Nawaz Sharif and Musharraf

THIS is apropos the report ‘Nawaz Sharif refuses to forgive Musharraf’ (May 2). But General Musharraf forgave him and let him proceed to Saudi Arabia, although Nawaz Sharif had committed an ‘act of treason’.

It all began with Kargil. The 11th Gorkha Rifles had occupied the Kargil Heights in December 1971. At Simla, the Indians refused to withdraw. What had been the ‘Ceasefire Line’ since 1949 was blatantly shifted and christened as the ‘Line of Control’.

Gen Musharraf took back the Heights when opportunity knocked.

The Indians used all their might but could not dislodge the Pakistanis from their well dug in high ground. Hundreds of bodies were shown arriving at Indian homes. There was an uproar in the country. Morale was flagging. As a last resort, Mr. Bajpai sent an SOS to President Clinton who, of course, obliged immediately.

Mr Sharif was summoned.

At the Blair House in Washington Nawaz Sharif was no match against the president’s relentless brow-beating. He conceded to a withdrawal followed by a ceasefire, entirely against the brief by his generals. The cart had been put before the horse. An elated president Clinton telephoned the Indian prime minister from Blair House. (A word-for-word recorded account appears in Bruce Reidal’s report.)

Bajpai could now claim that he had driven out the Pakistanis from Kargil and accepted a ceasefire. Nawaz Sharif had bailed out the Indians, thinking that he was saving Pakistan.

Alas! Most of our casualties comprised retreating soldiers with bullets in their backs, while carrying out the orders of their prime minister.

The Indians were also on the verge of defeat in a proxy war, where they were supporting the Tamils and Pakistan supported Sri Lanka and was their main arms supplier. Gen Musharraf was returning on the fateful PK 805 from Colombo after probably placing the last few nails in the coffin of the Indian-backed insurgency.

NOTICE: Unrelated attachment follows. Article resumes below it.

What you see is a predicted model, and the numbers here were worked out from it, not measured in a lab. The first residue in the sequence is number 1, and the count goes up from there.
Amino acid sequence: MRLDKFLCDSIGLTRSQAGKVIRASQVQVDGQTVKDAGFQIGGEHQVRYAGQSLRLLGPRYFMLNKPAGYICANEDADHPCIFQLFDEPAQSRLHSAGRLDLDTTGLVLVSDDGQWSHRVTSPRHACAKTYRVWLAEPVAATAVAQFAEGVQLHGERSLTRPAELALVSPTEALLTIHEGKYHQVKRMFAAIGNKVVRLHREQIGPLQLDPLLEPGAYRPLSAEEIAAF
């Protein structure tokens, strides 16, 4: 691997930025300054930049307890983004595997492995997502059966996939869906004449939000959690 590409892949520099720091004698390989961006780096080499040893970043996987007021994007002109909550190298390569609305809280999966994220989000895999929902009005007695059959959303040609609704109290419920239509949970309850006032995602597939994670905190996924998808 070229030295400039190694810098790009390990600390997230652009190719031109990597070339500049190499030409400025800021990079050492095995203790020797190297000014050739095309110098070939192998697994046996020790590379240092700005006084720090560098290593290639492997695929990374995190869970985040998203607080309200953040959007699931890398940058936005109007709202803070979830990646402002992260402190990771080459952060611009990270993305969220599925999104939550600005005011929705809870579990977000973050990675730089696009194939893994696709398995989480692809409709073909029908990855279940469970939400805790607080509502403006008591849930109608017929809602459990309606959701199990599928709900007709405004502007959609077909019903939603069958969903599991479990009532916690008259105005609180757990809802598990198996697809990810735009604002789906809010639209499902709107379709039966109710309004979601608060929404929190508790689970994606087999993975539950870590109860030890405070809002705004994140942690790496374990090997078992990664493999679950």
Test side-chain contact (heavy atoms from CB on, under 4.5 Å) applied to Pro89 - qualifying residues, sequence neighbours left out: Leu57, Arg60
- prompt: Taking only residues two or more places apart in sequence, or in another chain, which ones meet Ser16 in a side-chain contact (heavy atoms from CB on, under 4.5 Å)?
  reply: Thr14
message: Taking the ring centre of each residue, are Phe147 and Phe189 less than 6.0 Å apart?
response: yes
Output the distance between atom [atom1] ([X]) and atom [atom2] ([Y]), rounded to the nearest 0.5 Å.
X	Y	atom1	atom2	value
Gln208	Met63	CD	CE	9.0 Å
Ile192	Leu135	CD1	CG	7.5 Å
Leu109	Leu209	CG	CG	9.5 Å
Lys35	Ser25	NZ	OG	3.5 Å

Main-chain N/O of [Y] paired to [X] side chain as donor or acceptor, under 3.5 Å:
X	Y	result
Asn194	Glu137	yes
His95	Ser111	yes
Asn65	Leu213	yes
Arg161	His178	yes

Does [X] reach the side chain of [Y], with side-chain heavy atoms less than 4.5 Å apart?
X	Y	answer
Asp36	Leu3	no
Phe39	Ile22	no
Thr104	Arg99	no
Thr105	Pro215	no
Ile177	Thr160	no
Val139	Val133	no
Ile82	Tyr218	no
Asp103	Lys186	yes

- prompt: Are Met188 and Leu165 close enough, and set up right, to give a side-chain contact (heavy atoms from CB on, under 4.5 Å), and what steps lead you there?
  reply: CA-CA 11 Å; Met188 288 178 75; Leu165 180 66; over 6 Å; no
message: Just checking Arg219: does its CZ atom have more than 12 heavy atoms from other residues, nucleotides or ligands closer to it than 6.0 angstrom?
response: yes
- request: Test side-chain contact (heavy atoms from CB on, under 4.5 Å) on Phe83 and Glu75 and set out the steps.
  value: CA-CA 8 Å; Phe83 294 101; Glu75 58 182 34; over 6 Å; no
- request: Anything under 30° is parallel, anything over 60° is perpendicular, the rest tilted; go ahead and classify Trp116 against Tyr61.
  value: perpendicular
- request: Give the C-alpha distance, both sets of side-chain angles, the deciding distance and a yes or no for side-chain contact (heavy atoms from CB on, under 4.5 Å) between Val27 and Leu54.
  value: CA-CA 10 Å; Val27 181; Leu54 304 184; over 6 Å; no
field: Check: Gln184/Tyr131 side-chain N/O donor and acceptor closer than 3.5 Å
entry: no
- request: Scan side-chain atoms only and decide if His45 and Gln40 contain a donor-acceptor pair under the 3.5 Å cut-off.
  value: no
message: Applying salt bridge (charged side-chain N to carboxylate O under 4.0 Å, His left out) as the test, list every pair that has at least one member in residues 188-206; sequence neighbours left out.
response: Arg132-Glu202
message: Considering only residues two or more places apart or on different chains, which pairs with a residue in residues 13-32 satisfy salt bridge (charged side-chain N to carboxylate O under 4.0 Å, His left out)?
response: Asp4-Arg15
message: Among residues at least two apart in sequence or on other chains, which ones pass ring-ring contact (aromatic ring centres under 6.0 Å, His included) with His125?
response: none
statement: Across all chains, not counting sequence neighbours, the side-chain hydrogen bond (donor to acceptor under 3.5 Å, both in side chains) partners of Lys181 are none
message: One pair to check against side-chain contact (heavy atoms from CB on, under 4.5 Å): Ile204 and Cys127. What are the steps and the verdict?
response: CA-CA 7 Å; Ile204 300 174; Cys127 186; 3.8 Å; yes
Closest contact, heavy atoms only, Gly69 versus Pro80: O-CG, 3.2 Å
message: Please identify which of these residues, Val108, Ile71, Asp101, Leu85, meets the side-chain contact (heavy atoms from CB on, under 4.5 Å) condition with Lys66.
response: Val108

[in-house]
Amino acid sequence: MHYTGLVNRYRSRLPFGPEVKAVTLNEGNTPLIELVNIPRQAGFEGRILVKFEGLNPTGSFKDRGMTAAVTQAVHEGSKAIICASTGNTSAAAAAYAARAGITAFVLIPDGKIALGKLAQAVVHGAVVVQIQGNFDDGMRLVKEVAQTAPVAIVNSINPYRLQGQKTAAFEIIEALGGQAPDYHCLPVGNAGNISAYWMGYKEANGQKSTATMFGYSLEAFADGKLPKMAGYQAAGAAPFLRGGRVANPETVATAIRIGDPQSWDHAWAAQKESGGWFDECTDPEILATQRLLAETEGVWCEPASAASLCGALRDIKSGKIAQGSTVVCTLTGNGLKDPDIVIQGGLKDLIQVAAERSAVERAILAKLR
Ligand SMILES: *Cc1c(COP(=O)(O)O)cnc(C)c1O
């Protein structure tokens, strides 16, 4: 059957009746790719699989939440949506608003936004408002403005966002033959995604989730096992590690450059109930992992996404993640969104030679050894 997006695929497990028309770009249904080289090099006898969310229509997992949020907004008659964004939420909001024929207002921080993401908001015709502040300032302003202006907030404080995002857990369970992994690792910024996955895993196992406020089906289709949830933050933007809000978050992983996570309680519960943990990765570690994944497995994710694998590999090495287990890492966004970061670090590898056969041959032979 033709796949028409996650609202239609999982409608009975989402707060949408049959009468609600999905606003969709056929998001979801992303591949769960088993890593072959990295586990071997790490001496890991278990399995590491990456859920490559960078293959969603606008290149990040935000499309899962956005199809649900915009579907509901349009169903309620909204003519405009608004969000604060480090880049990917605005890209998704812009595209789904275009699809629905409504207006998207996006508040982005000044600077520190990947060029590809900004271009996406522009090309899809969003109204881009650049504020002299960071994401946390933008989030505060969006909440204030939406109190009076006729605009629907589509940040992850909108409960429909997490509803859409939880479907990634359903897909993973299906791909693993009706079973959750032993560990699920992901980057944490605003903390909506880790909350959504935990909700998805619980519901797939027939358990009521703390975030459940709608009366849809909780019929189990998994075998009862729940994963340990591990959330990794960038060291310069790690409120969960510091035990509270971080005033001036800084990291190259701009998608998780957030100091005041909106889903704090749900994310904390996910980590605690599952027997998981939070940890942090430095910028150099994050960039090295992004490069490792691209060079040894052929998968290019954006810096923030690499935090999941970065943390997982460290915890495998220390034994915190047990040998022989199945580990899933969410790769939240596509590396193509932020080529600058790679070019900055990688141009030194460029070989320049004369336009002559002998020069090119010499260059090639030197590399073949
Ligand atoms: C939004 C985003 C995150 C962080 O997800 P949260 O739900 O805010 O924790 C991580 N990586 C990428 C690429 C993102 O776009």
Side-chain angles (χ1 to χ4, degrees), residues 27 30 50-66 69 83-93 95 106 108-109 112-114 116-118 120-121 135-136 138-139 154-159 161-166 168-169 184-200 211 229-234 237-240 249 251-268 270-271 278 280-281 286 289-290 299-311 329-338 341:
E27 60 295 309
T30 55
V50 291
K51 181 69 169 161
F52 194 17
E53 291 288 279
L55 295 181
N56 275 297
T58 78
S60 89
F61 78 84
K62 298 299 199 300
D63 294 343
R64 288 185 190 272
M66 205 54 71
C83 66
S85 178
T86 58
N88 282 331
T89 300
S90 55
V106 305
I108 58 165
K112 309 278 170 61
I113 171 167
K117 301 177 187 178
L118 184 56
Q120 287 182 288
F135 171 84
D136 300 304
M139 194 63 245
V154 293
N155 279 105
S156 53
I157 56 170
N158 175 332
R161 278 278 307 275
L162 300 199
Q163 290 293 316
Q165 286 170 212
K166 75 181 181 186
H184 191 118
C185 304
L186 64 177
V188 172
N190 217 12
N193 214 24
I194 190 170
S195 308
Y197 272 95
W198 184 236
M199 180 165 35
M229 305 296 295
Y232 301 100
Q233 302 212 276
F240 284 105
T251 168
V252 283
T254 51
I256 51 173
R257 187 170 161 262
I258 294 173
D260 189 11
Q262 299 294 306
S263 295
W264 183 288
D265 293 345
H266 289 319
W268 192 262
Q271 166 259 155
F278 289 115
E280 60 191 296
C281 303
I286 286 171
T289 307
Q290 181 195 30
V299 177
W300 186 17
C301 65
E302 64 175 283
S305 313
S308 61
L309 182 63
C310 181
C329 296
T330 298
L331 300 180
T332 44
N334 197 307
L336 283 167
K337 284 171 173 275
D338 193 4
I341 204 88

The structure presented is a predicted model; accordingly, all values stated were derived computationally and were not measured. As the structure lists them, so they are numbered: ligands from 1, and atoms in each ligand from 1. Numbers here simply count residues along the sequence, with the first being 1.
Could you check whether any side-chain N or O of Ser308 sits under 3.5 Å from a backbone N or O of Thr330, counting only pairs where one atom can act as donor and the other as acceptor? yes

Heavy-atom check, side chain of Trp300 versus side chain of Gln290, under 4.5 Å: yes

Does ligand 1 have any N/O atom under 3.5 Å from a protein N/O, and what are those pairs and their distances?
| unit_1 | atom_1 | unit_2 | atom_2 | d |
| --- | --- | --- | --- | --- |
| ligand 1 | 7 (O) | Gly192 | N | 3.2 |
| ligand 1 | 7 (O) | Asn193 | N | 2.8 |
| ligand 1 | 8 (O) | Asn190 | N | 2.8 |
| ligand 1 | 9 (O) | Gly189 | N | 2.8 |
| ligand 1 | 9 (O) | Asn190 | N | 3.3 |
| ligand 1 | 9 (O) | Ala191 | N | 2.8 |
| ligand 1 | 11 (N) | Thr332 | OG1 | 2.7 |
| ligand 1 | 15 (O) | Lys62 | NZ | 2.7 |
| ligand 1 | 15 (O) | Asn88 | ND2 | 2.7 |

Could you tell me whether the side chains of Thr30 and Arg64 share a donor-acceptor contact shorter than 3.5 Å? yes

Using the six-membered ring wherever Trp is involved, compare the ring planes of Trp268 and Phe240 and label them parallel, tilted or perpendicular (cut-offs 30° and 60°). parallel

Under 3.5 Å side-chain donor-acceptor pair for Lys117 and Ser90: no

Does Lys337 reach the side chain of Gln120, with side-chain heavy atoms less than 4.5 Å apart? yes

The Indians knew that the general had not led a military delegation to check out the Sri Lankan weather. They watched PK 805 like the cat stares forlornly at the juicy little birdie in the cage. Had its captain followed instructions, the hated general would have been dropped plump in their lap at Ahmadabad.

The question is, why did Nawaz Sharif not stop the aircraft on the ground at Colombo. If the order: “Musharraf’s aeroplane must not land at any airport in Pakistan — ” were given immediately after takeoff; or even up to an hour or so after takeoff, the aircraft could proceed to one of the many friendly airports in the vicinity.

Why did he wait until PK 805 was just about to land at Karachi and had used up most of its fuel. The one and only airport, outside Pakistan, that it could then reach was Ahmadabad.

Was a serving COAS of the Pakistan Army being handed over to India? He could very well be carrying details of our defence secrets or nuclear assets, right there in his laptop,

This mindless order of the prime minister was in fact the first ‘act of high treason’ in this Musharraf/Nawaz saga.



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